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From his earliest stories, like “The Conversion of the Jews,” collected in Goodbye, Columbus, he brought a sense of personality to American literature. As he continued to grow as a novelist, he established the unforgettable, autobiographical stand-in Nathan Zuckerman, who would appear in a long-running series of Roth’s novels, sometimes as a protagonist and sometimes, as in the case of The Human Stain, merely as narrator. While many consider the graphically sexual Portnoy’s Complaint to be Roth’s commercial breakthrough, his mature work would consider questions of the Jewish diaspora, fame, Communism, and the lurking nationalism of the U.S. In other words, his work is nothing less than American history writ large, and we are lucky to have it. Below are five of Philip Roth’s most defining and characteristic works.
Widely considered his most personal novel, The Ghost Writer introduced the character of Nathan Zuckerman as he spends a night at the home of a famous writer and winds up reconfiguring The Diary of Anne Frank, imagining her as having survived the Holocaust in prose that is unforgettable and featuring almost impossibly well-drawn characters.
The kaleidoscopic Sabbath’s Theater is Roth’s most sustained performance on the page, hands down. The story of a wandering puppeteer and his (often uncouth) obsessions, this is Roth’s masterpiece, a book that can only be compared to other American opuses like Don DeLillo’s Underworld.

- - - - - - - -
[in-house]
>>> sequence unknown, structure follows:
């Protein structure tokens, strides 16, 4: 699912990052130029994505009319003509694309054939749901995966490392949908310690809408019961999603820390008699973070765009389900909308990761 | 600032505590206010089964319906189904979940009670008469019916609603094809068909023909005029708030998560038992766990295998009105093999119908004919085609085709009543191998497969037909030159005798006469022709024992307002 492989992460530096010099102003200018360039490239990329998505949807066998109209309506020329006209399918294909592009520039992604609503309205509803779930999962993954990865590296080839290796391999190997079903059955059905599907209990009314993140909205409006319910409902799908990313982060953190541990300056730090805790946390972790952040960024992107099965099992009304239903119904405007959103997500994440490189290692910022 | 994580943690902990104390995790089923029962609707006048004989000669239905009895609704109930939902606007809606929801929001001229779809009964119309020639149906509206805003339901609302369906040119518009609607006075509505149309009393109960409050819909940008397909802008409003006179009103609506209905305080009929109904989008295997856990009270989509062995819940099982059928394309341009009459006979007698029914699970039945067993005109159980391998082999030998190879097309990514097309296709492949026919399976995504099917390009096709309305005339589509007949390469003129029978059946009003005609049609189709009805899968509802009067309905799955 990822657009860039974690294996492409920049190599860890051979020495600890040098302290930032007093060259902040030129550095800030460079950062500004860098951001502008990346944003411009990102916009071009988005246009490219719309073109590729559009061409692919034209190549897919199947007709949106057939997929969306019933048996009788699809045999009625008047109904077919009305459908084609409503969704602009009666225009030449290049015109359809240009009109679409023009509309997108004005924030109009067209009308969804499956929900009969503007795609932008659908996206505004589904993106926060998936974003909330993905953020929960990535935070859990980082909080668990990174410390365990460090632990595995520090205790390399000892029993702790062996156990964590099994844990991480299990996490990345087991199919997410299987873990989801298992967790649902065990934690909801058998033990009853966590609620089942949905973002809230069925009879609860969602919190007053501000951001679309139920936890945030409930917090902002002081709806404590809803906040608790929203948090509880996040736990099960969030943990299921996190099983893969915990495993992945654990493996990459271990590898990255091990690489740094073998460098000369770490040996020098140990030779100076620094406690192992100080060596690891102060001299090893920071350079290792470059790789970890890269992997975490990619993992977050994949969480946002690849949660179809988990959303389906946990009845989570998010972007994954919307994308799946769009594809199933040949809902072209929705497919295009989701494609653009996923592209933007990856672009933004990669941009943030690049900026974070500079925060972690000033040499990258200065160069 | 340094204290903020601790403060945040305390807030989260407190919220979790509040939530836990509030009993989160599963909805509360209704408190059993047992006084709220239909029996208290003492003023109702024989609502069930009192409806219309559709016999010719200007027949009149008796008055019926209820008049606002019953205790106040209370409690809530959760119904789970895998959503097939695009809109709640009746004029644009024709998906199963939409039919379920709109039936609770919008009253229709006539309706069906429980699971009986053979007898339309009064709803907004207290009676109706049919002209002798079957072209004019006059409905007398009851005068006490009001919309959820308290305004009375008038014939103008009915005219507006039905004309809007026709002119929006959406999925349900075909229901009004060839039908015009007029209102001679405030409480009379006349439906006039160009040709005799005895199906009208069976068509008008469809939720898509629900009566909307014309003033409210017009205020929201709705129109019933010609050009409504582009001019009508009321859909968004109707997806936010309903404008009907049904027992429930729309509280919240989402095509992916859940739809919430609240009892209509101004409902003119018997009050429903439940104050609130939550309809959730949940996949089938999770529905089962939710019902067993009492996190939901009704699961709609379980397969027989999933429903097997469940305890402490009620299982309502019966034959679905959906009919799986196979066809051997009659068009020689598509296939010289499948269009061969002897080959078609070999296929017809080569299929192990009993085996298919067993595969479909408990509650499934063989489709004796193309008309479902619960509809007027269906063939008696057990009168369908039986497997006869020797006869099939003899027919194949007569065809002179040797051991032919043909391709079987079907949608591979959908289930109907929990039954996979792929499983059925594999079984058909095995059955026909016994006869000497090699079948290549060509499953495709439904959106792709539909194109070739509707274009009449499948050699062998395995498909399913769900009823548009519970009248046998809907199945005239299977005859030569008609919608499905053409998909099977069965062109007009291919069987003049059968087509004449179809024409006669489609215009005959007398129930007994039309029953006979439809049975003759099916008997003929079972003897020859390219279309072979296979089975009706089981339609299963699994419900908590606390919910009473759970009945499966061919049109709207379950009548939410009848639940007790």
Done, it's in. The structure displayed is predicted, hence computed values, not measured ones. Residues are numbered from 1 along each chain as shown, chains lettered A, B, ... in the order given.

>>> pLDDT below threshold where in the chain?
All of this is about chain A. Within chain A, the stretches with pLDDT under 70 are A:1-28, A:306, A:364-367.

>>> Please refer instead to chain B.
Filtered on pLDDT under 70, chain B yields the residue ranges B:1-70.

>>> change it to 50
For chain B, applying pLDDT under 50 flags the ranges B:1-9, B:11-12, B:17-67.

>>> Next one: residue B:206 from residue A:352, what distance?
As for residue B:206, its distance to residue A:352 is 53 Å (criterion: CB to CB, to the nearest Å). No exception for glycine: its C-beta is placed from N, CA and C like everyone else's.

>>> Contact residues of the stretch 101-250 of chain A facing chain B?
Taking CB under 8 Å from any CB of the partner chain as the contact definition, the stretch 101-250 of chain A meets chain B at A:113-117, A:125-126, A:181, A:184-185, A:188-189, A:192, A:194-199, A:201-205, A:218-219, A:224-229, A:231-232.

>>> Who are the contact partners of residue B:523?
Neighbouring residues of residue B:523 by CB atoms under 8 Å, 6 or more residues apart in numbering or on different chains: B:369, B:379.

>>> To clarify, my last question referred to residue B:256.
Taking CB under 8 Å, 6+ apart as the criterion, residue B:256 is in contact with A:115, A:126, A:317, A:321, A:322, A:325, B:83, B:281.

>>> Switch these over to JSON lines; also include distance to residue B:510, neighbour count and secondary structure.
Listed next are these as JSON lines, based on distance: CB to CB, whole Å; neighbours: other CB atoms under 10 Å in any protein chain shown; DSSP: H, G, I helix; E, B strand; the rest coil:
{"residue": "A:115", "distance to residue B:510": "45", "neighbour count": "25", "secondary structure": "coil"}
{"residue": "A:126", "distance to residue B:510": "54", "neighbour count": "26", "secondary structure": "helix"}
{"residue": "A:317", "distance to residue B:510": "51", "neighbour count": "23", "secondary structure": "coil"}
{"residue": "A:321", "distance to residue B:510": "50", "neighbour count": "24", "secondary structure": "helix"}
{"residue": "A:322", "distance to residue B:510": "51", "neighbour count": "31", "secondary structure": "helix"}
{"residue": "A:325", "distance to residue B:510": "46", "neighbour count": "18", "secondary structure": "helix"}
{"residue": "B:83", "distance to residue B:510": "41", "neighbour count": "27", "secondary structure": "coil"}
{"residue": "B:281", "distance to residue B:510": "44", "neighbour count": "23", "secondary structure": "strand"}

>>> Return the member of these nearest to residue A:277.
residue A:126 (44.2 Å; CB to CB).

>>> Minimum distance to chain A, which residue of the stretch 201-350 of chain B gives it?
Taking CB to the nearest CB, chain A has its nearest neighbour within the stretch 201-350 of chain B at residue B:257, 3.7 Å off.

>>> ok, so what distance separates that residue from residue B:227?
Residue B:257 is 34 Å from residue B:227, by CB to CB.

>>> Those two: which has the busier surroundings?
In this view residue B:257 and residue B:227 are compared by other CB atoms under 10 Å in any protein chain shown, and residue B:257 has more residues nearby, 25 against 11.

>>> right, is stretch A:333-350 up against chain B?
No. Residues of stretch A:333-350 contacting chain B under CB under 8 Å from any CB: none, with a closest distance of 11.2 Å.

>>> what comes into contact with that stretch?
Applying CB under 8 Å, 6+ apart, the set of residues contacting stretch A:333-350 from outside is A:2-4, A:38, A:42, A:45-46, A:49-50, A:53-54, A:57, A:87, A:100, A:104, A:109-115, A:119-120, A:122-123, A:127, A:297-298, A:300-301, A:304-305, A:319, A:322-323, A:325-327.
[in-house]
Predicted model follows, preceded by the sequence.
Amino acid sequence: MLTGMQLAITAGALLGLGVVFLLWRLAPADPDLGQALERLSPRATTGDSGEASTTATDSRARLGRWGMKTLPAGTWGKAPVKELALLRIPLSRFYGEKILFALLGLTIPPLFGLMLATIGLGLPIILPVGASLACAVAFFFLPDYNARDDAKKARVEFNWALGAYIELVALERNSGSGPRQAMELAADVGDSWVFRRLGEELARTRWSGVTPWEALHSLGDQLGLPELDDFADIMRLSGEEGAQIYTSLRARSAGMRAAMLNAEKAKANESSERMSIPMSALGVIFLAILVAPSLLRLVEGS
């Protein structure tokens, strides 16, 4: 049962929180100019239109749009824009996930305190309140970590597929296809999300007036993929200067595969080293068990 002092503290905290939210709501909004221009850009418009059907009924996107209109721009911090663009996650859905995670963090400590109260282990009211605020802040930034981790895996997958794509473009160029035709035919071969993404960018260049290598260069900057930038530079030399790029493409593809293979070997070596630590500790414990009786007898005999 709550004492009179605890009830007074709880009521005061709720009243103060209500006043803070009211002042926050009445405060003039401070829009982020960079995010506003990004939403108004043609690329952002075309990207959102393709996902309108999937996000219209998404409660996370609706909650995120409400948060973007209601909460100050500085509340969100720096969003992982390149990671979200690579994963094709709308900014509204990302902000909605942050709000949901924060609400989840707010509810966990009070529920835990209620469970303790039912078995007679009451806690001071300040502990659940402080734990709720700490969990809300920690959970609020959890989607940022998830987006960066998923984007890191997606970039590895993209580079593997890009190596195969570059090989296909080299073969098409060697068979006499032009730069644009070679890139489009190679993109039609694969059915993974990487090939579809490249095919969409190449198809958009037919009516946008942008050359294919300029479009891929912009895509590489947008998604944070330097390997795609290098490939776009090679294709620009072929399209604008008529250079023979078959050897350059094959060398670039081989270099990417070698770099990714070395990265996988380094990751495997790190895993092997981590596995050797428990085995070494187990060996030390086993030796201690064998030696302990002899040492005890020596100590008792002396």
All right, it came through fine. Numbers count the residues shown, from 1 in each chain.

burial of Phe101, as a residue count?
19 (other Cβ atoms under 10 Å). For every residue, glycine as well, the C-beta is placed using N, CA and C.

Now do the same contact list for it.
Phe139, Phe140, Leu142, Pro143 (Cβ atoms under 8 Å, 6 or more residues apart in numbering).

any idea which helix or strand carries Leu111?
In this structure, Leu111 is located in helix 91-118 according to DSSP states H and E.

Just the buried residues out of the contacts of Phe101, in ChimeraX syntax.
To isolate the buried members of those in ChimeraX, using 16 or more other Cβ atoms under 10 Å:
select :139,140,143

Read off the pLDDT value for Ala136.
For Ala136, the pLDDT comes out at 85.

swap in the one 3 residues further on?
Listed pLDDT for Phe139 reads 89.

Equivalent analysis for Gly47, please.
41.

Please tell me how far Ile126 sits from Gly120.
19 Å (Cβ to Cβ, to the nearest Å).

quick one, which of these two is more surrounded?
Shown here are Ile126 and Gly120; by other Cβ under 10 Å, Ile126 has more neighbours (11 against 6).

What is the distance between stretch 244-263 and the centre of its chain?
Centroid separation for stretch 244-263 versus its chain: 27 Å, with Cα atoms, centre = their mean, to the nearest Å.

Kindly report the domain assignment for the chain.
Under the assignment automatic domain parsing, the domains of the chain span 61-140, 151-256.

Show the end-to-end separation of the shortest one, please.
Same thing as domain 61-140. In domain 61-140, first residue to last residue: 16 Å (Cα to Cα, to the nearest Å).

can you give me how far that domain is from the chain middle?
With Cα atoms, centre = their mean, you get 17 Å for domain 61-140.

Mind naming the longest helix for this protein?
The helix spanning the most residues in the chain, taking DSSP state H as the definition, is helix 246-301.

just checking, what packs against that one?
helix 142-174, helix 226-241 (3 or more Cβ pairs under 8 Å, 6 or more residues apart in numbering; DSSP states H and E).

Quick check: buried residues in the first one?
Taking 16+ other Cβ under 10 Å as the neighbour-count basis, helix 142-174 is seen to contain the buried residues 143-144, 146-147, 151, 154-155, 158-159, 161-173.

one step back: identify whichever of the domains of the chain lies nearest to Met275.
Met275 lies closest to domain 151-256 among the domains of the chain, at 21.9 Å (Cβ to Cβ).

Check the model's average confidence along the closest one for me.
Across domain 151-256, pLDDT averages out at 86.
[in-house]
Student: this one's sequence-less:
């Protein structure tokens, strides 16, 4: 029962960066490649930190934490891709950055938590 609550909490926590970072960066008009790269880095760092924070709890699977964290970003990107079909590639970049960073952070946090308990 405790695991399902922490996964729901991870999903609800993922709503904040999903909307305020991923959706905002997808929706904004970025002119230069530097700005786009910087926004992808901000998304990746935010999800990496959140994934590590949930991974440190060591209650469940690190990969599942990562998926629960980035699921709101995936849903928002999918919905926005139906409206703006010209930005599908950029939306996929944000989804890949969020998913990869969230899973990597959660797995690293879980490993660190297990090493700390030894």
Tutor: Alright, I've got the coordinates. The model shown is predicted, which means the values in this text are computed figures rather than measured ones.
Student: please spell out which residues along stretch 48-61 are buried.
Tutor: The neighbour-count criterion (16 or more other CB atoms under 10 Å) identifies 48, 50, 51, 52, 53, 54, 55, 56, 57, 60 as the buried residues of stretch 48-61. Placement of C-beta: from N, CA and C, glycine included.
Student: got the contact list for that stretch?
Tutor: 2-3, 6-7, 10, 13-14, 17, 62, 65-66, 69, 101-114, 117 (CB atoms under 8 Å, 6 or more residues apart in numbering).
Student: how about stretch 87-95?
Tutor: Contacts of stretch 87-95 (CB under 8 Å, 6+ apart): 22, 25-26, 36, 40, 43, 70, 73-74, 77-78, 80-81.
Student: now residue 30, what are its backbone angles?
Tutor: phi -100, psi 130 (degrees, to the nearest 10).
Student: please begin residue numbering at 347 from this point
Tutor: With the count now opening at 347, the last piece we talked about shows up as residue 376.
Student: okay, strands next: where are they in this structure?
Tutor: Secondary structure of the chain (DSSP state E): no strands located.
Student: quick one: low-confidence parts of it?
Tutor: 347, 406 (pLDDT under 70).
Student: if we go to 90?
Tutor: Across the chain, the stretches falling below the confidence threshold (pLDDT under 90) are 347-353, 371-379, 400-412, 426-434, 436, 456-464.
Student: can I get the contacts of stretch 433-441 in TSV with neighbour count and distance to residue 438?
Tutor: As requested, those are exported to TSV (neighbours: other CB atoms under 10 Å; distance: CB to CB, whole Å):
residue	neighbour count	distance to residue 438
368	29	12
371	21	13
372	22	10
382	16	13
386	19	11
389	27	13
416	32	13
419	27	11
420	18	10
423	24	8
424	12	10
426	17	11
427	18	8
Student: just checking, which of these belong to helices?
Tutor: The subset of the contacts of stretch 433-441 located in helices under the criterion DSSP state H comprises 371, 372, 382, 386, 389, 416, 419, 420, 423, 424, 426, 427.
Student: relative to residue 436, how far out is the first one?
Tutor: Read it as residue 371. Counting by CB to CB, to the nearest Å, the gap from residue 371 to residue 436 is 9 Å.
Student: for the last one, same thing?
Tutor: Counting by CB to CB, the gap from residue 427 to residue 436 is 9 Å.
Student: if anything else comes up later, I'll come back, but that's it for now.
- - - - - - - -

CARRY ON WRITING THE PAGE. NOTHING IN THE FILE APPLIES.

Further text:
Something of a deep cut, by Roth standards, I Married a Communist is an unparalleled glimpse of the 20th century neatly tucked into the story of Ira Ringold, whose life in radio and persecution by McCarthy-like politicians constitutes Roth’s brilliant rejoinder to American idealism.
The dizzying Operation Shylock deals with an author’s sense of schizophrenia while facing politics head-on. Putatively narrated by Philip Roth himself, the story concerns his trip to Israel to witness the trial of a war criminal, only to discover a doppelganger, also called “Philip Roth,” who has appropriated his identity.
It’s often forgotten, given his novelistic output, that Roth was just as skilled as a memoirist and critic. Patrimony is perhaps Roth’s best work of nonfiction, as he records his father’s decline and eventual death from a brain tumor. Conversational, straightforward, and unblinking in its assessment of the finality of death, it is truly one of the jewels of Roth’s masterful works as an author.